|Faith and I took some graduation photos living out one of |
our shared passions: eating vegan chocolate ice cream.
PC: Jurnee Paylor
On this past Thursday, my mom asked me to tell her my schedule over the next couple of days. I explained the millions of things I needed to accomplish on Friday, from saying goodbye to a teacher to driving my sister to picking up balloons, before moving onto Saturday. When I mentioned that I did not have anything planned between 12:00 and 2:30 today, my mother quickly and very seriously responded, "Good. Don't plan anything there. You need to take care of your health."
|PC: Jurnee Paylor|
My mother sees that all of the events following graduation are wearing me out. Fatigue hits so hard, and I think it must be challenging to understand from the outside looking in, because it is drastically different from tiredness. Yet even though my mother is the picture of health and does not have personal experience with fatigue, she seems to get it. We have spent six years figuring all of this crazy medical stuff out, and while there have been several overhauls of the members of my medical team since the sixth grade my mother has always been there.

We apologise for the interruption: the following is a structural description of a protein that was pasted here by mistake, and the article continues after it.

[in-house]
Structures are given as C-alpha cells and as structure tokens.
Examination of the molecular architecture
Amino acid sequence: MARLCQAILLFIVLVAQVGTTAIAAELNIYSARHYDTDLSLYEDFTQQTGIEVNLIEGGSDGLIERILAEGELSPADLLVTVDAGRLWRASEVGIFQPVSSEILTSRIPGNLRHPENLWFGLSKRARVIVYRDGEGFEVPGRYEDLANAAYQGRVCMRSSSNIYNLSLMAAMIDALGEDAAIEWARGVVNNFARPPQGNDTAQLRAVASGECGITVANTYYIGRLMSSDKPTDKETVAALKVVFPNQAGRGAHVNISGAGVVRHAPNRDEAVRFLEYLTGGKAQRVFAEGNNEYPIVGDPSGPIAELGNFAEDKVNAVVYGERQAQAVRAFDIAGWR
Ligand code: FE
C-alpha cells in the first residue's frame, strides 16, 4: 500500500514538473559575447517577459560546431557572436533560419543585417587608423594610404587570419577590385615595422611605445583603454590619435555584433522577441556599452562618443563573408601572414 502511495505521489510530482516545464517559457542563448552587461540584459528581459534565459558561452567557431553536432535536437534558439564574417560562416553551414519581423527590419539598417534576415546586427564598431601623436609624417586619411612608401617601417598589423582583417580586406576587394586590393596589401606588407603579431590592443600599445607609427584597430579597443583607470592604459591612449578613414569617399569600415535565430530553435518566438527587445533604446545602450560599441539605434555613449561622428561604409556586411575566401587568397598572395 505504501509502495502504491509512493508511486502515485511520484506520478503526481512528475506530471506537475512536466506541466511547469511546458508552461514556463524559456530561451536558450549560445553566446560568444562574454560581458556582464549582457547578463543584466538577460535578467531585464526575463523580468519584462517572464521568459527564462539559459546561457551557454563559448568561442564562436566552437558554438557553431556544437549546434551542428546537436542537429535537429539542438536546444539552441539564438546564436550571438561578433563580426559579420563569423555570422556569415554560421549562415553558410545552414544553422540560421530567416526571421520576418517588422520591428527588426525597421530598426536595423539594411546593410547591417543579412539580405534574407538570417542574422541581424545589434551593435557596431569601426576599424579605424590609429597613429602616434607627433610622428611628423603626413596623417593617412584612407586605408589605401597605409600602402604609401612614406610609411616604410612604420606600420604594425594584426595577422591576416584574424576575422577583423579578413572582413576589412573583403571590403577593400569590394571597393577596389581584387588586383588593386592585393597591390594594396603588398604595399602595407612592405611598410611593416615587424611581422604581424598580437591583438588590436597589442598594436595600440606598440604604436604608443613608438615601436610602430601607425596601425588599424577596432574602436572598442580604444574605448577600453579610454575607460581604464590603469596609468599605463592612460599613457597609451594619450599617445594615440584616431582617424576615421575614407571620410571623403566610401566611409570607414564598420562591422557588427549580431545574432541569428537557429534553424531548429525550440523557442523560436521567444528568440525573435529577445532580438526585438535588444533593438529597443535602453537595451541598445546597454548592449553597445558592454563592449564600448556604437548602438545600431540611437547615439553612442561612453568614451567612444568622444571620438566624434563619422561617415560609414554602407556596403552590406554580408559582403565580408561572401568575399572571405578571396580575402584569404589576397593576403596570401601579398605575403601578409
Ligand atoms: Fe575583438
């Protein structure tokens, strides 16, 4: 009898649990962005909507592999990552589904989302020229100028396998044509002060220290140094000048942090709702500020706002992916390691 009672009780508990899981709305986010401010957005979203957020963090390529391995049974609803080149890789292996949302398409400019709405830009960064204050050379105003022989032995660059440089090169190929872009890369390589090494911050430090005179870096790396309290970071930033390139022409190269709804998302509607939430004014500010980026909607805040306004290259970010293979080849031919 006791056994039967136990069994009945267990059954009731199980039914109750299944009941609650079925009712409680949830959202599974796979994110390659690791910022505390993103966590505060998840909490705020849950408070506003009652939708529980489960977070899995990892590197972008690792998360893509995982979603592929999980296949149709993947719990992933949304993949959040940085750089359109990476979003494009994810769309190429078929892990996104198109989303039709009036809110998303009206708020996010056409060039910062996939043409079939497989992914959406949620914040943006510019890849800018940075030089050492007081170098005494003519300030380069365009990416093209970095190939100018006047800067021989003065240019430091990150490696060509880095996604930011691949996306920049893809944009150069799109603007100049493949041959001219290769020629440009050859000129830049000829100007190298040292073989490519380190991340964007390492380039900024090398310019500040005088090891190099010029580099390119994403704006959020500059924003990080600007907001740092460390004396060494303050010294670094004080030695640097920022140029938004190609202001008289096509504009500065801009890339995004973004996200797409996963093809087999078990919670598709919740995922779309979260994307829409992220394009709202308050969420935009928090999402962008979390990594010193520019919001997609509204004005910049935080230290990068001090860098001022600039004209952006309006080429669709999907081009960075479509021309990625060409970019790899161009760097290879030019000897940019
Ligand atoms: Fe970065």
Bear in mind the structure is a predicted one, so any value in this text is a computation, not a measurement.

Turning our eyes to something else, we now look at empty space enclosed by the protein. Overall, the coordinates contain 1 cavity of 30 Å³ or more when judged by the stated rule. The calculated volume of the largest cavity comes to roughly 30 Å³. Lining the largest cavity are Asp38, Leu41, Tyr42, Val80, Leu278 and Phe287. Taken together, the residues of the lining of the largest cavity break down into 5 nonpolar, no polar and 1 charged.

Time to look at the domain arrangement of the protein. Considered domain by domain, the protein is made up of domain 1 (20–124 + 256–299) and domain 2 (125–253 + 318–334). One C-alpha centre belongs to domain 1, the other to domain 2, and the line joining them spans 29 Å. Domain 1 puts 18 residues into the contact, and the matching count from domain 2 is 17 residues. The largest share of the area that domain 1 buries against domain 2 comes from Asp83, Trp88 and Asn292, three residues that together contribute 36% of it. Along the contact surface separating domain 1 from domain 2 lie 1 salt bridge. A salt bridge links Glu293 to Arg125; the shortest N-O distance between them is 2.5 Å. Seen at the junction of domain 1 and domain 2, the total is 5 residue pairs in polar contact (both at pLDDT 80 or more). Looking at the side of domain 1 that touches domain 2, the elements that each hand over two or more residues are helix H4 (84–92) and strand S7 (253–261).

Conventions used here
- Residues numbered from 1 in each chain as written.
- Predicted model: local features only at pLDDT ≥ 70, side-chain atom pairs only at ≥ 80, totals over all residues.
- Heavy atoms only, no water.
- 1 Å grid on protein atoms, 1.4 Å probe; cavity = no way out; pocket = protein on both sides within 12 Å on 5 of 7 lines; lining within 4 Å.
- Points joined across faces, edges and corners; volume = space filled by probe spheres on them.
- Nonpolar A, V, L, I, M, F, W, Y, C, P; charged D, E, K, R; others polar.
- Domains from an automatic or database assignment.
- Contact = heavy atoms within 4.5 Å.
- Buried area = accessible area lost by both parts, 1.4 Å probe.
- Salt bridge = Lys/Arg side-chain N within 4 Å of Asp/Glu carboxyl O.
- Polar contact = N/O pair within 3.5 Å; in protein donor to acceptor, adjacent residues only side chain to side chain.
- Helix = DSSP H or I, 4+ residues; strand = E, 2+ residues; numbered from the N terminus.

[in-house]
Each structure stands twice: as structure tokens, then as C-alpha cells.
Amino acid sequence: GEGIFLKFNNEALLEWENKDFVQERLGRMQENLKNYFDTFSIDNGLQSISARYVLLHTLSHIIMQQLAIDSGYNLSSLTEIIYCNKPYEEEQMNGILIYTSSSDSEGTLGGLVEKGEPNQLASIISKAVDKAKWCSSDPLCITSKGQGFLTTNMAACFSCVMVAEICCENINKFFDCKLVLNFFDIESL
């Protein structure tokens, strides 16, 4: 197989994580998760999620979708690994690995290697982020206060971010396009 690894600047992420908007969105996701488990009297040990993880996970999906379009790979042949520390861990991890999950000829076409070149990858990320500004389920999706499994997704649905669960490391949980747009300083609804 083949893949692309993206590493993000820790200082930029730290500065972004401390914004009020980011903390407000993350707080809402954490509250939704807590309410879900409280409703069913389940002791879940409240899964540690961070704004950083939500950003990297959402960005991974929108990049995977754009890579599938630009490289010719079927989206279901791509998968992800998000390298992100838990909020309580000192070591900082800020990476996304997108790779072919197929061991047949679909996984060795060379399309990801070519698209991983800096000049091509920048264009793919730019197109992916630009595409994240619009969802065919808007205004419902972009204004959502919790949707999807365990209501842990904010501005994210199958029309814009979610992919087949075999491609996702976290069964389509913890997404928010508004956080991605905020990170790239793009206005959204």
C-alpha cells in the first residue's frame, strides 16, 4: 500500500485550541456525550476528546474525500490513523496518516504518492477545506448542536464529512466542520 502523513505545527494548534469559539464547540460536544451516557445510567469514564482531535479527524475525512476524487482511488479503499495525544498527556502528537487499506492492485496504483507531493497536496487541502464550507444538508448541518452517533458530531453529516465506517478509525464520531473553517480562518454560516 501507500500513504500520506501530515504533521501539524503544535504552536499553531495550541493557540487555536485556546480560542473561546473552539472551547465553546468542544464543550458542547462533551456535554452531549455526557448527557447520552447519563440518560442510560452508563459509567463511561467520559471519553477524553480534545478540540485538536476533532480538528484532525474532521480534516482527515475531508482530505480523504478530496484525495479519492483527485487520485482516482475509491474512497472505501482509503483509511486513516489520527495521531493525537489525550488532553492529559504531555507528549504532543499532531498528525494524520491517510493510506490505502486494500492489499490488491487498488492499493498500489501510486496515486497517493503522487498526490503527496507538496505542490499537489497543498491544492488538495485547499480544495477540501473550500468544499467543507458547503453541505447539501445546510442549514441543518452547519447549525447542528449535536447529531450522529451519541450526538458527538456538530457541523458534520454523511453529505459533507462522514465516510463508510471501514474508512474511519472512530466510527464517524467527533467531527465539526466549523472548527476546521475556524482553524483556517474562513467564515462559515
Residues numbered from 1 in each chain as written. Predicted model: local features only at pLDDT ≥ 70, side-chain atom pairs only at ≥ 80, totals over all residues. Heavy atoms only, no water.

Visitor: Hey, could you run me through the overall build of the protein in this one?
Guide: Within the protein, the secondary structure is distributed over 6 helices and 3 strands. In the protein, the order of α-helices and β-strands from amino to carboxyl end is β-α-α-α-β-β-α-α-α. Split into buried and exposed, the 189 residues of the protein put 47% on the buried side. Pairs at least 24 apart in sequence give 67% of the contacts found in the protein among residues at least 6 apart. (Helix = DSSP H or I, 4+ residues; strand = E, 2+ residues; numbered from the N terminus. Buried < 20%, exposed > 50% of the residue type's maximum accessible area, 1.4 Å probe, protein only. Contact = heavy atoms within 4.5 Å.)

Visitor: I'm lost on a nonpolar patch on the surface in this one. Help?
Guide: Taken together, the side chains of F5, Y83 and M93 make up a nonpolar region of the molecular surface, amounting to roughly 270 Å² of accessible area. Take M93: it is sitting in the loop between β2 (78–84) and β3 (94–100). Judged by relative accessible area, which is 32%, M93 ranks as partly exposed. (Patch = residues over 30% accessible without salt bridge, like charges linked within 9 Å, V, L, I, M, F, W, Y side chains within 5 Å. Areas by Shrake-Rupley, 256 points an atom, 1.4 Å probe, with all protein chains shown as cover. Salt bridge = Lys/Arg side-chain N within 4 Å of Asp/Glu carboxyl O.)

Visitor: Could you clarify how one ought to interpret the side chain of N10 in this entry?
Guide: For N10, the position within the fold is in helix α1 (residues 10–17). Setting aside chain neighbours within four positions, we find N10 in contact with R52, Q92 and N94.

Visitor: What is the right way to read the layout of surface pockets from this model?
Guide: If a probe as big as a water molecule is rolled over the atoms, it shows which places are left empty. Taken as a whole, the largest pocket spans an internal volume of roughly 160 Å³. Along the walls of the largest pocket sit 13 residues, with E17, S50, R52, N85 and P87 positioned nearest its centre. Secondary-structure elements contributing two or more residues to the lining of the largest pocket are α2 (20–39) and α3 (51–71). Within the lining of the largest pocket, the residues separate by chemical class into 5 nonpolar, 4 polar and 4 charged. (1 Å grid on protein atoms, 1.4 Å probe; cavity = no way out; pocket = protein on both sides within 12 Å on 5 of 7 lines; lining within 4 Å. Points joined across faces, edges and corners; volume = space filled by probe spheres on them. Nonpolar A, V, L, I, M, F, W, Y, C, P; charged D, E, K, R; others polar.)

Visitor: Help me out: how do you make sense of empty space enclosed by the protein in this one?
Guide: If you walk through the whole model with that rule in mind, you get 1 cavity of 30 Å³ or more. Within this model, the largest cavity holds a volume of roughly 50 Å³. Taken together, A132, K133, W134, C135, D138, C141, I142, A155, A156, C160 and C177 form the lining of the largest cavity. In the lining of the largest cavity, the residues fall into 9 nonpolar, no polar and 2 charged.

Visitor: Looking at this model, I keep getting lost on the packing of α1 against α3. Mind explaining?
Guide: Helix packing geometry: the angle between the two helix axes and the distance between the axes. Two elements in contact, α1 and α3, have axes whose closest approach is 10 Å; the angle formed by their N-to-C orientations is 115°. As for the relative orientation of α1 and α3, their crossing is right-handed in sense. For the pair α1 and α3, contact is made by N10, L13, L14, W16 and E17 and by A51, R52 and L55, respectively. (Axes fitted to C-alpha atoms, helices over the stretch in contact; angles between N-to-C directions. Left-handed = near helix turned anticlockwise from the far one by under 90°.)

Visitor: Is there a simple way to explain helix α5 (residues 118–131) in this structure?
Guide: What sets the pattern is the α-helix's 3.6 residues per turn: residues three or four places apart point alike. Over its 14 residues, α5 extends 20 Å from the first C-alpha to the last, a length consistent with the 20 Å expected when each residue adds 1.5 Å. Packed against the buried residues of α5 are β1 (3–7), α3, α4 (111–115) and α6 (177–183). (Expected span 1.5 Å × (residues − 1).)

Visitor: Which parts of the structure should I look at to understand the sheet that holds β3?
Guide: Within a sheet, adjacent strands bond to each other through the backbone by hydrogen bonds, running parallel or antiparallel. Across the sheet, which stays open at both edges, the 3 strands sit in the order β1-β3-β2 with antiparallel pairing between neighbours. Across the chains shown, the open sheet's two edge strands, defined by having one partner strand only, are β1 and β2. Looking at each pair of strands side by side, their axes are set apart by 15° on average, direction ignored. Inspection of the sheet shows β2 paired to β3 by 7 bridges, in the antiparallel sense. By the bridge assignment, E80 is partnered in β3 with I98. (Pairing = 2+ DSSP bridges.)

The worst moments of my fatigue over this past year led me to sleep at a Christmas party, in a teacher's classroom before school even started (which is horribly embarrassing because everyone probably thinks I am just an irresponsible teenager who stays up late watching Netflix and procrastinating homework), and during phone calls with friends. It is difficult to manage because my level of fatigue does not correlate at all with how interested I am in something or how entertained I am. I could be talking to Hillary Clinton herself on the phone and the fatigue would still knock me right out.